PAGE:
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by Rabbi Josh Weinberg
Mark, on the fifteenth day of the seventh month, when you have gathered in the yield of your land, you shall observe the festival of the Eternal [to last] seven days: a complete rest on the first day, and a complete rest on the eighth day.
Walk around Zion, circle it; count its towers, take note of its ramparts; go through its citadels, that you may recount it to a future age.
In the olden days, Jews from the Galilee or Ashkelon – or maybe even as far as Alexandria – would come on foot, in a caravan of pilgrims, to Jerusalem. Three times a year Jews would embark on this sacred pilgrimage, reminding them of the centrality of Jerusalem, of the need to offer something of themselves in sacrifice, and of the importance of being part of something much larger than themselves or their own small community. In the days when a lit torch provided the bulk of inter-village communication, the pilgrimage was a source of social interaction, a time to share stories of success and failure, and to see those with whom one did not regularly come into contact. I can only imagine the feelings – physical and emotional – as one approached the foot of the Temple Mount, sacrifice in hand, joining the sea of fellow white-robed pilgrims, all ascending to offer a modest portion to God.
The Torah tells us that this journey should be a chag for God. Although it is generally translated as “festival” or “holy day,” chag also can mean “pilgrimage.” The word comes from the Hebrew root ח-ג-ג which means to go around or to circumambulate. Indeed, during many ancient customs, Jews would walk around the altar as part of the ceremony of sacrifice. Islamic culture picked up this motif, too, using the same word -- Hajj (חג') -- to refer to the circumambulations around the Ka’abah in Mecca that is part of a journey known colloquially as a “pilgrimage.”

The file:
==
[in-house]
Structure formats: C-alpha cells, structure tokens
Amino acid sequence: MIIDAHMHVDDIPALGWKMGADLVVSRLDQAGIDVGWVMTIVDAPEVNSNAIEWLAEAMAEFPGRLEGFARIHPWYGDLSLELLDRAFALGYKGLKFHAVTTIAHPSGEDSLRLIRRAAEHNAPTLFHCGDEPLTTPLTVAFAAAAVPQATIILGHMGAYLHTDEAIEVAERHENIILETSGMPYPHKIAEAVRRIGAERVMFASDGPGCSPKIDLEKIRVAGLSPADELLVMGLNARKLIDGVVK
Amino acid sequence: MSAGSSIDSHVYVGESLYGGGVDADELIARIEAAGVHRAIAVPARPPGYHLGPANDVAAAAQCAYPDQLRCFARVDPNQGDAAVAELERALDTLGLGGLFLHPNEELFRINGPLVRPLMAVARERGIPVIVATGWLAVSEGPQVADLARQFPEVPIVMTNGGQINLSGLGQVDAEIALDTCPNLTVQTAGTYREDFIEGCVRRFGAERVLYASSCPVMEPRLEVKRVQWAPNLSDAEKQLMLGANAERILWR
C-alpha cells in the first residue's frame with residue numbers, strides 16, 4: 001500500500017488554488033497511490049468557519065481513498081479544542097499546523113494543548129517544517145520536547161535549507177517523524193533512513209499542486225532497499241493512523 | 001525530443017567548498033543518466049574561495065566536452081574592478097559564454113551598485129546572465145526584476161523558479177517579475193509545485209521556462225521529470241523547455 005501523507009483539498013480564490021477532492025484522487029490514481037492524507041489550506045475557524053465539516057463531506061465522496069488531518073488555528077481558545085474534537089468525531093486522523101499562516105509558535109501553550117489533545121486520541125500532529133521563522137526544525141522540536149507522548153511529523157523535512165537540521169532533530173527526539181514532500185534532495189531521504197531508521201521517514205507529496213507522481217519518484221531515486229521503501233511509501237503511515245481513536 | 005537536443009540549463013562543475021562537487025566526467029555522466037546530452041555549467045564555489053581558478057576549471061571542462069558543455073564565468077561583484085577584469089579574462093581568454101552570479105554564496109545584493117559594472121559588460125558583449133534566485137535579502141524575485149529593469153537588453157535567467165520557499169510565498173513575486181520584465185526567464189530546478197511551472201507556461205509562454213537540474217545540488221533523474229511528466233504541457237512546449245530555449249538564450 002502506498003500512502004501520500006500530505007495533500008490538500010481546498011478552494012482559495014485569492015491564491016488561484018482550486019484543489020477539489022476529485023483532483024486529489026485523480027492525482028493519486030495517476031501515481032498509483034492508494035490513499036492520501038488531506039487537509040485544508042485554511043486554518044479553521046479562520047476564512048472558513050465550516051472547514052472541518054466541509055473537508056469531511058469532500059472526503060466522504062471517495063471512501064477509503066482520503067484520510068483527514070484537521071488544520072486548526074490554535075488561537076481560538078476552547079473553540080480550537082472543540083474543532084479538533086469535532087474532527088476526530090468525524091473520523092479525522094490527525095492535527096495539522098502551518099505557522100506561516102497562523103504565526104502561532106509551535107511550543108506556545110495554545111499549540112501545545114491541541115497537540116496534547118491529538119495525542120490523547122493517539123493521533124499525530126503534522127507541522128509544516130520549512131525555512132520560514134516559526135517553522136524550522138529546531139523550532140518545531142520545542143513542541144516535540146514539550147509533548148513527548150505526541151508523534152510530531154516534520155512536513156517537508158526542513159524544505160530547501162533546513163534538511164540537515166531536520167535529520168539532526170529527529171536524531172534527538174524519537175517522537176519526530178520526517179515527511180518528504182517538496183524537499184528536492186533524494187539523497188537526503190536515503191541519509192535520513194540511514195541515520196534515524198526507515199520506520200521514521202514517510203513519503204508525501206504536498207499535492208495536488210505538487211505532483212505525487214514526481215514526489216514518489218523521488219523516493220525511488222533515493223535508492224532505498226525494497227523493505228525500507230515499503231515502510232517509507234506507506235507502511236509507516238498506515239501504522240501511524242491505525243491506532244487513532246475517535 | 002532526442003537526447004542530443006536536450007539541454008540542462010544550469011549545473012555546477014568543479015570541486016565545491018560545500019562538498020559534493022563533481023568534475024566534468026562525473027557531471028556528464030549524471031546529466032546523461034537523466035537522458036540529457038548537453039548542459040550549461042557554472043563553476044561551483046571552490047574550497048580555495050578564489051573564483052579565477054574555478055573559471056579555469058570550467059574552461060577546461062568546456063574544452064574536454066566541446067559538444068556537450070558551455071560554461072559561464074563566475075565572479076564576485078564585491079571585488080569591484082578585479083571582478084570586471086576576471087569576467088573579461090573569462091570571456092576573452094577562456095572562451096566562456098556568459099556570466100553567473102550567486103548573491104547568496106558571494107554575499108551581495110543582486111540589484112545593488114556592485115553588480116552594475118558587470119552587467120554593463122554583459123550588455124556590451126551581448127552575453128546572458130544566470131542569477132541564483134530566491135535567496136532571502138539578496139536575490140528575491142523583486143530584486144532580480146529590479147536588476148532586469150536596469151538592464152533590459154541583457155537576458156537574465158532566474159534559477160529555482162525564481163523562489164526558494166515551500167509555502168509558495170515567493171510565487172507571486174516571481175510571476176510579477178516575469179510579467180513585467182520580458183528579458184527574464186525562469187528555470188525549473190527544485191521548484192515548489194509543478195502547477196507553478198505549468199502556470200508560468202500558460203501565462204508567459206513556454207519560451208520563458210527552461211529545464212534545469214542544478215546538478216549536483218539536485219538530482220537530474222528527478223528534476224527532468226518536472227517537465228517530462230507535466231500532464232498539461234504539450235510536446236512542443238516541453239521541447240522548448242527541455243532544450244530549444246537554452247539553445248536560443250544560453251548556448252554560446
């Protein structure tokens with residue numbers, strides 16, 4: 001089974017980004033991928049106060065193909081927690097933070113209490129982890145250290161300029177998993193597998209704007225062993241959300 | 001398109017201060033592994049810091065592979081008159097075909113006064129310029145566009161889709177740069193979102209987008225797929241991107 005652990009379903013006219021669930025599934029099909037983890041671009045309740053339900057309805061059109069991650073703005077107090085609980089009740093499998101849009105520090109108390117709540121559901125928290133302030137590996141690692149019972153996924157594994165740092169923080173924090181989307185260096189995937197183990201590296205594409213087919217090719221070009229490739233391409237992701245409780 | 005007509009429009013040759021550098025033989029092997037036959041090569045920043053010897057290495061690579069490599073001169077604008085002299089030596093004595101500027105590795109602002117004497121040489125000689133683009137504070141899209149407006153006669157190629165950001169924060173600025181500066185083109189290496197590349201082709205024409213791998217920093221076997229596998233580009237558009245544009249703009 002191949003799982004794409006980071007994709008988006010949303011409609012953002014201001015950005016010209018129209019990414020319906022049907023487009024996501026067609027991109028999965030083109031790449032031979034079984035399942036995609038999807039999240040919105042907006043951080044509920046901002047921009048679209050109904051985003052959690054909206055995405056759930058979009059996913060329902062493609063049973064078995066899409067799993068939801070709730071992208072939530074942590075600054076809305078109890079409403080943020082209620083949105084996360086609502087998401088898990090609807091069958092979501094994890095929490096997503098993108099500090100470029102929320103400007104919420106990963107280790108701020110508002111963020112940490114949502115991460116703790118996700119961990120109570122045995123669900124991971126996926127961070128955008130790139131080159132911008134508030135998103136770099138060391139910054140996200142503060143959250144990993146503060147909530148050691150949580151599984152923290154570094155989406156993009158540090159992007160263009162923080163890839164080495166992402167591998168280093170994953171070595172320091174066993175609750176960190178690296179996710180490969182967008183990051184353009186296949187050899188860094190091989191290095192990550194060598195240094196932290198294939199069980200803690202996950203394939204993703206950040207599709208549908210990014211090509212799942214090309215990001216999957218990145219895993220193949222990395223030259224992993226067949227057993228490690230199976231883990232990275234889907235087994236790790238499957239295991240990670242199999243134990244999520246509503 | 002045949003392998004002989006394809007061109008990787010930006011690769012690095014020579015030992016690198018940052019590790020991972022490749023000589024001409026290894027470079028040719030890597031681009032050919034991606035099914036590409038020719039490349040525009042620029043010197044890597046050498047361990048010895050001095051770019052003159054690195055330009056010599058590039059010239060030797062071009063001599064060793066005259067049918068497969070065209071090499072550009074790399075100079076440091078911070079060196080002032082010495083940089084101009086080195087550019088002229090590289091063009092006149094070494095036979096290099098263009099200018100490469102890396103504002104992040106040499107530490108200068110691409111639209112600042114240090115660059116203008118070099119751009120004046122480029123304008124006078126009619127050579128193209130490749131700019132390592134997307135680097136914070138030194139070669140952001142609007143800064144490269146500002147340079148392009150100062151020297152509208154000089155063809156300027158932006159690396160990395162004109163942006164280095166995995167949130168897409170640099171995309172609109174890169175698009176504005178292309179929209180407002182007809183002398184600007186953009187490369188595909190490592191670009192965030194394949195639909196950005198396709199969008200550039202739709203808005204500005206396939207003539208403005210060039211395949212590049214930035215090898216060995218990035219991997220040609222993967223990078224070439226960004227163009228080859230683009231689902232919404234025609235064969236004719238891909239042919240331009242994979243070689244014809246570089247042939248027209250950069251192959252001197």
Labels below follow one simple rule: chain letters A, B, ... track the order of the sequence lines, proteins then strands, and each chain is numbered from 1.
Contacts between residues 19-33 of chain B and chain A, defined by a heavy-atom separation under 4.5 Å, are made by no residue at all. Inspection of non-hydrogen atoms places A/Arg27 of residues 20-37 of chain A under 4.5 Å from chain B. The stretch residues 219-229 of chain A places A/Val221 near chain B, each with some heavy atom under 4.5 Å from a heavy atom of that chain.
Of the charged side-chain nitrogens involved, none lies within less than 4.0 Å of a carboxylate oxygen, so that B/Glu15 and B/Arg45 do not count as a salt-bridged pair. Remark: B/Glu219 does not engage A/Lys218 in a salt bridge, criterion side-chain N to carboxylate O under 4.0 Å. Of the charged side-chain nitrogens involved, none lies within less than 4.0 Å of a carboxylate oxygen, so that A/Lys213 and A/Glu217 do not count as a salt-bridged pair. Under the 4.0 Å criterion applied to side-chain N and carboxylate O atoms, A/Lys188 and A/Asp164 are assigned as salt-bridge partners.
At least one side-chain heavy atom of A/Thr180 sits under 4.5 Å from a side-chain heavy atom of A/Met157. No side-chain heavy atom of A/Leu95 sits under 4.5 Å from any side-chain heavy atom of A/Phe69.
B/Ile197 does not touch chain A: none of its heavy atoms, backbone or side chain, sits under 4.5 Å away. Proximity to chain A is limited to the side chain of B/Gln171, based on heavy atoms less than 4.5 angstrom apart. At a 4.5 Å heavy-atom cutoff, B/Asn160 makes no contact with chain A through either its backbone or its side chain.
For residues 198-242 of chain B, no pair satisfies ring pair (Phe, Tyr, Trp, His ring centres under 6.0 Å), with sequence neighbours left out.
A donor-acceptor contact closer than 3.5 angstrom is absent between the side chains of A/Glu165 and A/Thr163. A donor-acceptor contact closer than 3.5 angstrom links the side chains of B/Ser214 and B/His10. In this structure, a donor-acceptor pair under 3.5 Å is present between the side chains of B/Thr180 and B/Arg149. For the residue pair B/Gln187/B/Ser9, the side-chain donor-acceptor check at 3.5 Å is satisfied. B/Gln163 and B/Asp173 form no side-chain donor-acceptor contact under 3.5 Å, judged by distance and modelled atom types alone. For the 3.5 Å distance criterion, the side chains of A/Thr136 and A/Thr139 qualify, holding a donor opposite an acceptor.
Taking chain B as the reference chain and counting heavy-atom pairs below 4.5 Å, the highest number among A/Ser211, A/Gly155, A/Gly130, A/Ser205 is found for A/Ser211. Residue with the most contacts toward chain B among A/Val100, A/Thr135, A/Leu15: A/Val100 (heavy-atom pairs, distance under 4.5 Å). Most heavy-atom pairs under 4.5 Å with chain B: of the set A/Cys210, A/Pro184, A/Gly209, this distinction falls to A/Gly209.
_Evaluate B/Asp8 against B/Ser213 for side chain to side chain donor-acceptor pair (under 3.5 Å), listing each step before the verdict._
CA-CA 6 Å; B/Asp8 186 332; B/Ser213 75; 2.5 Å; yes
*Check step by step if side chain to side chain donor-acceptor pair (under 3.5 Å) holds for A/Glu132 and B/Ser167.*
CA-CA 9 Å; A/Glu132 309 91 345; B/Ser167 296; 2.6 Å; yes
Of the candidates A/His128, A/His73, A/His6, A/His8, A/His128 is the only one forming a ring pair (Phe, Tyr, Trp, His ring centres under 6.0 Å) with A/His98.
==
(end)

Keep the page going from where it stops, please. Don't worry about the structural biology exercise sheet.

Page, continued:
Tonight begins the holiday of Sukkot, when many of us will shed the comforts of shingled roofs and insulation for our sukkot – temporary outdoor structures where we will eat, socialize, and spend time during the coming week. For many of today's North American Jews, though, the notion of pilgrimage has fallen by the wayside, left solely to the pages of Torah and history.
For many Israelis, the modern State of Israel afforded the opportunity to reinvent Jewish life as it was known in the Diaspora. The early pioneers and founders of the Jewish State aspired to reintroduce ancient customs, promoting the idea that the modern state is the continuation of the biblical kingdom, and actively renewing the experience of Jewish sovereignty and ownership of the Land of Israel. The three pilgrimage holidays – Sukkot, Passover, and Shavuot – took on this altneu (old-new) meaning. Shavuot became a time to bring forth our own bikkurim (first fruits), Passover took on a whole new meaning as a holiday of freedom for the worker, as well as a spring festival, and Sukkot – for some – once again became a chance to make pilgrimage to Jerusalem.
Early in its history, the modern State of Israel reinstated a multi-day march during which military units, youth groups, and citizens from various backgrounds came together and camped in the Judean Hills on the way to Jerusalem. Today, it is a symbolic walk around Jerusalem, largely seen as belonging to the national religious movement, especially those who wish to see the rebuilding of the Temple in Jerusalem and a reinstitution of the sacrificial rite. For the rest of us, it is a day on which to avoid driving in Jerusalem to steer clear of the procession that gridlocks the ancient thoroughfares.
This January, Jews throughout the world will have an opportunity to vote to send modern-day pilgrims to Jerusalem as delegates to the 37th World Zionist Congress, the body that convenes every five years to elect officers and develop policies of the World Zionist Organization (WZO) and the Jewish Agency. A large delegation of Progressive and Reform Jews in the World Zionist Congress will ensure not only that our values – including gender and religious equality – are represented in the work of the body, but also that such organizations in Israel receive a portion of the funds available from the WZO and the Jewish Agency. It is imperative, therefore, that you pledge now to vote for ARZA (which represents Reform Judaism in the World Zionist Congress) and cast your vote in January’s WZO election. Please join us in supporting this important pilgrimage for our own day.
Chag Sukkot Sameach!
Rabbi Josh Weinberg is president of the Association of Reform Zionists of America (ARZA), which, in 2008, was part of a coalition comprising the largest faction in the World Zionist Congress.